Giulia: Has the government passed any legislation to support the art industry?

Roberto: Governments from all over the world have adopted rather extraordinary economic plans to mitigate the consequences of the virus on their economies to give their workers and professionals the help they need, with direct income support.

As to artists, we have an important precedent in history of a governmental plan to sustain arts and artists, which could be inspiring: the Federal Art Project, created in 1935 under the guidance of F. D. Roosvelt. Artists as important as Philip Guston or Arshile Gorky took part in it, while Jackson Pollock’s oeuvres were refused for being judged too abstract. It is not the case, now, for a similar working plan, but we still need economic provisions to foster our artists’ incomes, in times where they can’t show their works in museums or commercial galleries.

In Italy, cultural heritage’s minister is working to provide artists with some financial restore, while some measures have already been adopted. For artists provided with VAT number, Law Decree n. 18/2020 allowed them to perceive 600 euros in March. The same Law Decree commits the entire 2019 SIAE rights’ revenues to finance a fund devolved to authors and composers. Furthermore, tickets sold for shows and exhibitions can be exchanged for vouchers; while two additional funds have been set up to sustain the sectors of entertainment and cinema.

More recently, new measures have been adopted. A new decree contains further measures for museums and other cultural institutions, both private and public. In fact, a 210 mln fund was created for museums and other cultural institutions (such as art foundations) in private hands. Furthermore, the resources can also be spent to refund losses deriving from the cancelling of shows, fairs and other events (let’s not forget that MiArt, one of Italy’s most important art fair, was due to begin in April). As for public museums that will suffer from a reduction of tickets sales, the regularity of their activities will be assured thanks to direct state transfers. Tax credit related to investments in culture (so called “Art Bonus”) will be extended to those made in favour of orchestras, circus and traveling shows.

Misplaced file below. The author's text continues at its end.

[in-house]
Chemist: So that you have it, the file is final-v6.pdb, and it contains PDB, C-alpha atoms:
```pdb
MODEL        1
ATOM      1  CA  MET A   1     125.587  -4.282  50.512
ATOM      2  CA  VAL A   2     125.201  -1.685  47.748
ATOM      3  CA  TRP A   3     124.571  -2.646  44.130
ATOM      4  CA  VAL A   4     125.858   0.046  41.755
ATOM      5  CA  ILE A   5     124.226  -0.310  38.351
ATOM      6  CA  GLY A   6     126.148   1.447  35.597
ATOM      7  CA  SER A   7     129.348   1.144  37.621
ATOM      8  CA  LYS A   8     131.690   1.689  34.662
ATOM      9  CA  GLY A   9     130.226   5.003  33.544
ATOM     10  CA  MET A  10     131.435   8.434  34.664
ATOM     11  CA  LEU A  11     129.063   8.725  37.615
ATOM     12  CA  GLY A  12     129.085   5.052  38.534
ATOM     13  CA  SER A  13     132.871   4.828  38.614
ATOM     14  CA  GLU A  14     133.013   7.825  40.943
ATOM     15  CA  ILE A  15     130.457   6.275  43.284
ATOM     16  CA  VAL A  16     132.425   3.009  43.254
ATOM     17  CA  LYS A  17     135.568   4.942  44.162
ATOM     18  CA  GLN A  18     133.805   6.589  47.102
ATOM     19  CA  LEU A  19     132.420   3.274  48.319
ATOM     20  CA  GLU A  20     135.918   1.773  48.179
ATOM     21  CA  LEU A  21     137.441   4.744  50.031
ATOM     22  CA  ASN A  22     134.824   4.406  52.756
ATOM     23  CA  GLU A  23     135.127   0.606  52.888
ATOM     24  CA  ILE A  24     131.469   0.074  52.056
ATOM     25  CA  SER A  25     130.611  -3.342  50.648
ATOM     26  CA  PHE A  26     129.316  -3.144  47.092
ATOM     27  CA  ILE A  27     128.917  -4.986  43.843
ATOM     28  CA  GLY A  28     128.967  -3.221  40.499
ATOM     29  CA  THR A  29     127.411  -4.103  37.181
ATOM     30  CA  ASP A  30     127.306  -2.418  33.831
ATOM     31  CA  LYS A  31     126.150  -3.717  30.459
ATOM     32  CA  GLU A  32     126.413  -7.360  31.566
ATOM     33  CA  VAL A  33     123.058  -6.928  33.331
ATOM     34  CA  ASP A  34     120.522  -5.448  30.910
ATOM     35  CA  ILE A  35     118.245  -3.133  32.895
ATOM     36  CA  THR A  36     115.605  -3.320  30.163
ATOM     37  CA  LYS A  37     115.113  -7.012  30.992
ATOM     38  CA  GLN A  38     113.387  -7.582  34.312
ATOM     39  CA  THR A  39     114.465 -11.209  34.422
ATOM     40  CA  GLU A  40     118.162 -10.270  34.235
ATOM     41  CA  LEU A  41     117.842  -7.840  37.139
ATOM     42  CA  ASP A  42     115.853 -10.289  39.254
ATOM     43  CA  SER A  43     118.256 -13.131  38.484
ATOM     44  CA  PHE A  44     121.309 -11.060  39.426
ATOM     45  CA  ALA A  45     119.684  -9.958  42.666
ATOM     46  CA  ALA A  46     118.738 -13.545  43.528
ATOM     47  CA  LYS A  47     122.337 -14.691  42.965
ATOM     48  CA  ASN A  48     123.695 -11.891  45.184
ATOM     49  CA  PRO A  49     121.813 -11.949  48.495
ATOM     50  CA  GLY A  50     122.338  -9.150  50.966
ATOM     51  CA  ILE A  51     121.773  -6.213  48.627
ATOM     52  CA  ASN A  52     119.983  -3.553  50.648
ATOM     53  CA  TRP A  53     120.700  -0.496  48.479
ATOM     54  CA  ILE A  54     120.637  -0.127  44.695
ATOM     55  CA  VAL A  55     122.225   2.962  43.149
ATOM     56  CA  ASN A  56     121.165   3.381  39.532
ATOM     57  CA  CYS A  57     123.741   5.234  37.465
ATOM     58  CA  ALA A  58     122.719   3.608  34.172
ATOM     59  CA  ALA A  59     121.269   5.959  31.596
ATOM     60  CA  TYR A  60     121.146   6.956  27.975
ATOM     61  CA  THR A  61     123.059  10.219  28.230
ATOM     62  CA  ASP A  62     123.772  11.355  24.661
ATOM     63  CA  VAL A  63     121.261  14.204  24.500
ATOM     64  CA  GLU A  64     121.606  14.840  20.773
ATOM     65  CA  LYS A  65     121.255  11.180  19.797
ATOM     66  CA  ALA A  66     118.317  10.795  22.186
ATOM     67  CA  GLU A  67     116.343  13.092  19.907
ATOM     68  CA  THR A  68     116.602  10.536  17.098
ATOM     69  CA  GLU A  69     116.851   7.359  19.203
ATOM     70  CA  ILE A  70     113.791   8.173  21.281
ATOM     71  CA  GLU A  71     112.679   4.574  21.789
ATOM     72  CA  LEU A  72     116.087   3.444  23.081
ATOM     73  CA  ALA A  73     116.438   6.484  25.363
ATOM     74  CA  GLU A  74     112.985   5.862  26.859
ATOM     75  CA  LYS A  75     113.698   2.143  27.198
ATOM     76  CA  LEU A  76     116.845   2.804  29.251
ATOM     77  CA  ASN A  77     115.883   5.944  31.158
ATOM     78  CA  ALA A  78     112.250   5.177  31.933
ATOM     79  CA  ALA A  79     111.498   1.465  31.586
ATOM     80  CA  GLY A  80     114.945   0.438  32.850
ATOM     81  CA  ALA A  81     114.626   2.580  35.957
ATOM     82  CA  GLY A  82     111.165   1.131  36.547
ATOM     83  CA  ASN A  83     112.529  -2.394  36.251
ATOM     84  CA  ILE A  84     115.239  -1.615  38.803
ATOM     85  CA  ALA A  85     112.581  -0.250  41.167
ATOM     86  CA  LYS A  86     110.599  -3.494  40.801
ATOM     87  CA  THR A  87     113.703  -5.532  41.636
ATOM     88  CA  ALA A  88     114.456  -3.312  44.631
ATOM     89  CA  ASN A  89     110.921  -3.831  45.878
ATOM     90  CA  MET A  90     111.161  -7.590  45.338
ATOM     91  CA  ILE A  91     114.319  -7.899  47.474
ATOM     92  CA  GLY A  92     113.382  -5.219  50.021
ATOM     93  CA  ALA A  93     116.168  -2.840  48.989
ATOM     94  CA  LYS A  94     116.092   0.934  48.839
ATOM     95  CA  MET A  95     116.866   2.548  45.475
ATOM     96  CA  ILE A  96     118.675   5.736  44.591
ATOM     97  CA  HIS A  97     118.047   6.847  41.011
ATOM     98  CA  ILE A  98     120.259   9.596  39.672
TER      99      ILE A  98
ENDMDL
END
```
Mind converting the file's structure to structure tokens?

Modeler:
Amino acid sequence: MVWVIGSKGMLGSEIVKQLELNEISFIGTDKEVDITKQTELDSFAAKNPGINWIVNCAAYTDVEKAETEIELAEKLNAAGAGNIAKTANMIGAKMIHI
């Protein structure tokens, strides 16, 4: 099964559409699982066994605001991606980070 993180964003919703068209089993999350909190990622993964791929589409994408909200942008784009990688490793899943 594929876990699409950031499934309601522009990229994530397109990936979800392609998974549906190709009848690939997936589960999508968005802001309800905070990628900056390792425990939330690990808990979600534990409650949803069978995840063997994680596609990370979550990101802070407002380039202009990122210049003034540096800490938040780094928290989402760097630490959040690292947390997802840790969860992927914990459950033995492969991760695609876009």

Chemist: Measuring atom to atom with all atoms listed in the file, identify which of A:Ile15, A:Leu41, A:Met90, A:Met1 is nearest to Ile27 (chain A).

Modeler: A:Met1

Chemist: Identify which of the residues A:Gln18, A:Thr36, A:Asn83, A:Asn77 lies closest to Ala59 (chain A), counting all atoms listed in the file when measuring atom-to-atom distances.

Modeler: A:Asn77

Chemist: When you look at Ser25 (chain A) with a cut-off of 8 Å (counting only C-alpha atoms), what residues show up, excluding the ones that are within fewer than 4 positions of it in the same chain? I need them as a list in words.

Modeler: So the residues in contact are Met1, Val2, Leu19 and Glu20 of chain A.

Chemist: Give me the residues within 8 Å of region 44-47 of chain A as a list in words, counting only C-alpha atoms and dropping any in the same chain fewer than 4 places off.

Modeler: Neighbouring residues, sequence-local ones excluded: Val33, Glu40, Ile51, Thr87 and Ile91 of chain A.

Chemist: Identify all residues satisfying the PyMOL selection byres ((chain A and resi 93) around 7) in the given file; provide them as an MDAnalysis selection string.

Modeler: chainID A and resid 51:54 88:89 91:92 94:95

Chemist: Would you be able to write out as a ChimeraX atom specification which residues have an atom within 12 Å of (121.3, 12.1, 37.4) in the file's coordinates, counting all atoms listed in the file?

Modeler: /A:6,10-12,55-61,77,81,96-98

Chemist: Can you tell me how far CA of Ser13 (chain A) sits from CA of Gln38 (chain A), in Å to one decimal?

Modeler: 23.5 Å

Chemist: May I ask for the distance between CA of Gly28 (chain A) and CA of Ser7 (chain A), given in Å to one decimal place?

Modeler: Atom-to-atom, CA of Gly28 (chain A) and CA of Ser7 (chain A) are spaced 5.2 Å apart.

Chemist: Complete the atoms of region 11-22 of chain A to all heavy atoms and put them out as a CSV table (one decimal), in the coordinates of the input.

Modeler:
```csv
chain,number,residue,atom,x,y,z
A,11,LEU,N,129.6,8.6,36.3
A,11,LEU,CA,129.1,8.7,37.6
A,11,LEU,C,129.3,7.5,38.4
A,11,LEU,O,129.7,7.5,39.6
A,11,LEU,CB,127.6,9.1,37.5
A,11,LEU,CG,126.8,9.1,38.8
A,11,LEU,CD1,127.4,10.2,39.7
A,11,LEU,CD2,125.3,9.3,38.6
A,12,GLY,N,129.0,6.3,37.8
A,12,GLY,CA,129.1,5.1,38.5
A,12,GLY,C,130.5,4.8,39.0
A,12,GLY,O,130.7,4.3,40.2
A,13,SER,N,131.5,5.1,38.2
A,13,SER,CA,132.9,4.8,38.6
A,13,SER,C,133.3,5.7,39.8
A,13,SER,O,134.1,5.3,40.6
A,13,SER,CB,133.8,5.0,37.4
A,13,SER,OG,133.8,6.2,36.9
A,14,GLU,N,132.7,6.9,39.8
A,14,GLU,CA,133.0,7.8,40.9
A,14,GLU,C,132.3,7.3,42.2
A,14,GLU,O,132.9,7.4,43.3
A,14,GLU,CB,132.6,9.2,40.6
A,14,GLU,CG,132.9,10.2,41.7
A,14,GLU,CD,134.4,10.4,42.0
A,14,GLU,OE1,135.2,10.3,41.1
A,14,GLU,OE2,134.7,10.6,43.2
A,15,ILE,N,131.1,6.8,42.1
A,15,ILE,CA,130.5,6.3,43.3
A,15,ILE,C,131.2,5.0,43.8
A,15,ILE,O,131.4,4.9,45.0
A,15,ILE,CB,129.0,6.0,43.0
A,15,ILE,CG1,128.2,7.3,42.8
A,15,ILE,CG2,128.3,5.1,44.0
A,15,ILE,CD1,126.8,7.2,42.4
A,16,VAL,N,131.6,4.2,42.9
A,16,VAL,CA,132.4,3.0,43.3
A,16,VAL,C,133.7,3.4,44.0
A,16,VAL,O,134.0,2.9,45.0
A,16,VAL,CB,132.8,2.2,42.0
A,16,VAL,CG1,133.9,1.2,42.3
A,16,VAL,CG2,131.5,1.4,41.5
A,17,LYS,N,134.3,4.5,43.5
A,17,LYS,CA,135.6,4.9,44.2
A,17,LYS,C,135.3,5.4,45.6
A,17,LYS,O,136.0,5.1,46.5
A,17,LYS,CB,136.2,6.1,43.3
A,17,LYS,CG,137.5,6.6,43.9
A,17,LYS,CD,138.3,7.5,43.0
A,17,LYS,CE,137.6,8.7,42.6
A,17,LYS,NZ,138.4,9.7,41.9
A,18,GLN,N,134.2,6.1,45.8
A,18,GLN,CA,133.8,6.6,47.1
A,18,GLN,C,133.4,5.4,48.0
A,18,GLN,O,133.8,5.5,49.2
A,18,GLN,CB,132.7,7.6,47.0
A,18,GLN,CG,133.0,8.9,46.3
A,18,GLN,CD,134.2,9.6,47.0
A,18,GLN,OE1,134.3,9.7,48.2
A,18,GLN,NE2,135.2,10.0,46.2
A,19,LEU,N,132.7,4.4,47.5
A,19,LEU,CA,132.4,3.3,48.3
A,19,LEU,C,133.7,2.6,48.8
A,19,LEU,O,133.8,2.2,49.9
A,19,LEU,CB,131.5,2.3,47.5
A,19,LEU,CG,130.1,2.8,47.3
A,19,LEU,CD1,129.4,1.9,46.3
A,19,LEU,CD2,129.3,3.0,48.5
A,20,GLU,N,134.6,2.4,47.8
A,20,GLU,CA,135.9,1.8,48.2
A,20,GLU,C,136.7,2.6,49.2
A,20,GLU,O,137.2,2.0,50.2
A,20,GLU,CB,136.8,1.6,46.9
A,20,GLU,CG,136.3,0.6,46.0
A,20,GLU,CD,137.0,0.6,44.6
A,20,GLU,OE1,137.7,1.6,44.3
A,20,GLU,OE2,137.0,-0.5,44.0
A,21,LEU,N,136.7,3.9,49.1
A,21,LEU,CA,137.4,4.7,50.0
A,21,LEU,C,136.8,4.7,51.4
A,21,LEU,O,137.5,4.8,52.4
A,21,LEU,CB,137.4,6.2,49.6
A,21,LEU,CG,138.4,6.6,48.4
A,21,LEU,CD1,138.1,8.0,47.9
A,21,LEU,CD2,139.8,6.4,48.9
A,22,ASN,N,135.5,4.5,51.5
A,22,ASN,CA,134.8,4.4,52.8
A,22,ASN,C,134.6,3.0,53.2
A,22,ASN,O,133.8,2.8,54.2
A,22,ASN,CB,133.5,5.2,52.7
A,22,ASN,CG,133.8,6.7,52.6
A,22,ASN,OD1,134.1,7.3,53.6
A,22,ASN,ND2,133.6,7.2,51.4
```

The aforementioned law decree contains further important measures in connection with cultural heritage’s protection and promotion. In fact, the article assigns 50 mln to foster investments in protection, fruition and digitalisation of national cultural heritage. It is worth highlighting that this article takes in consideration not only material cultural goods but also the immaterial cultural heritage. It seems that the Legislator finally recognized the notion of intangible cultural heritage as the ones inscribed in the UNESCO Convention for the Safeguarding of the Intangible Cultural Heritage and the EU Convention on the value of cultural heritage for society (the latter is about to be ratified by Italy, as for the UNESCO Convention, it has already been ratified). Moreover, a portion of the fund can be committed to guarantee investments in protection and promotion of cultural heritage.

In this changing context, adequate protection of IP rights as well as a careful tax and wealth planning become more and more important.

Giulia: How is the artist community doing?

Roberto: Many artists are adapting their activities to the new context. For example, Nico Vascellari, a prominent Italian performing artist, has enacted a 24h long online performance, bringing digitalization into the Italian art industry.

Another example of the connections between the art and fashion industry was provided by Vogue Italia that has sent copies of the April’s issue to 50 artists, asking them to imagine a new cover.

Finally, during the current COVID-19 emergency, the art industry has showed once again its continuous connections with the philanthropy world: many artists have responded to the call for solidarity creating new works to be sold and raise funds for the emergency. For instance, artworks by Cracking Art have been put on sale to raise money for the pediatric ward of Fatebenefratelli Hospital in Milan that has been converted for the cure of patients affected by COVID-19 virus.